Microsoft has started to roll out the first new build of Windows 10 Technical Preview to those in the Windows Insider Program. It's called Build 9860. This 2GB to 2.74GB update (depending upon your system config) will come along automatically via Windows Update as long as you are on an unmetered connection. If it's not started downloading for you yet just go to PC Settings, Update and recovery, Preview builds and click the Check Now button to prompt it to action.
While there are "nearly 7,000 improvements and fixes," in the Technical Preview, the most visible result of the update to Build 9860 is the appearance of a working 'Action Centre'. This is a notifications hub similar to that which appeared in Windows Phone 8.1. We are told you will be able to "see and follow up on all actionable items," in this app icon and text list which pops up from the system tray area. There is still a lot of work to do on the Action Centre and it will only work with basic notifications at this time. You can see an example of the Action Centre and its content in the image below. Microsoft says it will clean up the UI and add functionality in further updates.
Another improvement is aimed at multiple monitor users. From now on such users will be able to easily move apps from one monitor to another using the keyboard shortcut WIN+SHIFT+<arrow>. A less important cosmetic change, highlighted by the Windows Blog, is the introduction of an animation to make it clear when you switch desktops. Users are told to create some new desktops and switch to see the effect.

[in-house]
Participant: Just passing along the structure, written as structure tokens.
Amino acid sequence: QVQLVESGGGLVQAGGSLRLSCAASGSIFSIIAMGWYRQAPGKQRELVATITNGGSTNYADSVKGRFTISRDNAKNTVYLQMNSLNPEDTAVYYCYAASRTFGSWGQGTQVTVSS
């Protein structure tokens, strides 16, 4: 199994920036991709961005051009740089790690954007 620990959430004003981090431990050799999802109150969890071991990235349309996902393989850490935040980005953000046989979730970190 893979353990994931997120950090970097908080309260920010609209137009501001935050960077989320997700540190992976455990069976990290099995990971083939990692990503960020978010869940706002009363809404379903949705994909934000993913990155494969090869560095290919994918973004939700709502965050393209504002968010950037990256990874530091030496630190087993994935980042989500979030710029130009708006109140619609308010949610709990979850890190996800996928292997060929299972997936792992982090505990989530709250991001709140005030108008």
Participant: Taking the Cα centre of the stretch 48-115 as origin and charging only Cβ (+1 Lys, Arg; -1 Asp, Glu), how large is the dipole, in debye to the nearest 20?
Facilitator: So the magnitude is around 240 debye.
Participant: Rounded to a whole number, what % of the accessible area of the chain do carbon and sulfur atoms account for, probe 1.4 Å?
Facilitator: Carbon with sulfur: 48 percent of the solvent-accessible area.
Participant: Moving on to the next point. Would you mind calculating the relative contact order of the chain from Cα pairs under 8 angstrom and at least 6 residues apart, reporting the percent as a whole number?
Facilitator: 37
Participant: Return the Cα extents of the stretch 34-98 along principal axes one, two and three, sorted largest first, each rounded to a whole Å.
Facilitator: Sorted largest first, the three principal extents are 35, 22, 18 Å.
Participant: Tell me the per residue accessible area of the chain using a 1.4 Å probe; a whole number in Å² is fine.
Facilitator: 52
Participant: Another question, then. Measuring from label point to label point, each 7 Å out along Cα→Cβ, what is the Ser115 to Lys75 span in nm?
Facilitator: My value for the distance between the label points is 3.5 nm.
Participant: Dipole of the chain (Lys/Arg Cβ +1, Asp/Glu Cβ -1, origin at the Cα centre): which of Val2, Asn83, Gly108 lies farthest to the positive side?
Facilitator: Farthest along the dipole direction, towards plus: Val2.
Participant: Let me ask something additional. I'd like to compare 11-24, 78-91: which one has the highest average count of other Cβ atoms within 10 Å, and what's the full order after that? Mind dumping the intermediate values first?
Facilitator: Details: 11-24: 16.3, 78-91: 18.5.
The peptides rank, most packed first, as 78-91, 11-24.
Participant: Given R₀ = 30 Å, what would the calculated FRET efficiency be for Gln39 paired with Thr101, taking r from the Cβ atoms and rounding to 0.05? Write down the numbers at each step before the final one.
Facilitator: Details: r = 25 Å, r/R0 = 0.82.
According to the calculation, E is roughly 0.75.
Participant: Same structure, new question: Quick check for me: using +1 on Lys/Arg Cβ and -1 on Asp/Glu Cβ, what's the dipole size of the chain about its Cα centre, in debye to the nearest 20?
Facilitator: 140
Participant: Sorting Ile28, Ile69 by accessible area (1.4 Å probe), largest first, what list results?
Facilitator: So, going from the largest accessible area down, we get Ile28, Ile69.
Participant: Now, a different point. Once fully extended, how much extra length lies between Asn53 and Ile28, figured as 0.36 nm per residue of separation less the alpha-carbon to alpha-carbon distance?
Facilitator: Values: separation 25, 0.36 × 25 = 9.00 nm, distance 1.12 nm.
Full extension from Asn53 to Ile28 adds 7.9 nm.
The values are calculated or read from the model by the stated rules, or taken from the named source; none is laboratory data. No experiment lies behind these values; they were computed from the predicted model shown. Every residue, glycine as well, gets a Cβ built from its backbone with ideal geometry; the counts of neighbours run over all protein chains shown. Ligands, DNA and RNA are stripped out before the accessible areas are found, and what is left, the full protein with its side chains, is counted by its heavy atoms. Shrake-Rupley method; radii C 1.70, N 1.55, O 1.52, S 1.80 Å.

Updaters are warned that the reboot following the update "will be longer than normal but don’t worry." In the following couple of hours your system "will take some time to catch back up and you may see extra activity or things that don’t quite work right," such as search indexing and One Drive syncing.
With this update comes a way to choose how fast you get the next available updates. Microsoft explains that in PC Settings, Update and recovery, Preview builds you will be able to choose from Windows Insiders Fast and Windows Insiders Slow updates. Those opting for slower updates should be buffered from the worst issues and glitches introduced with fresh new OS builds. A diagram, above, illustrates how the update 'ring' system works.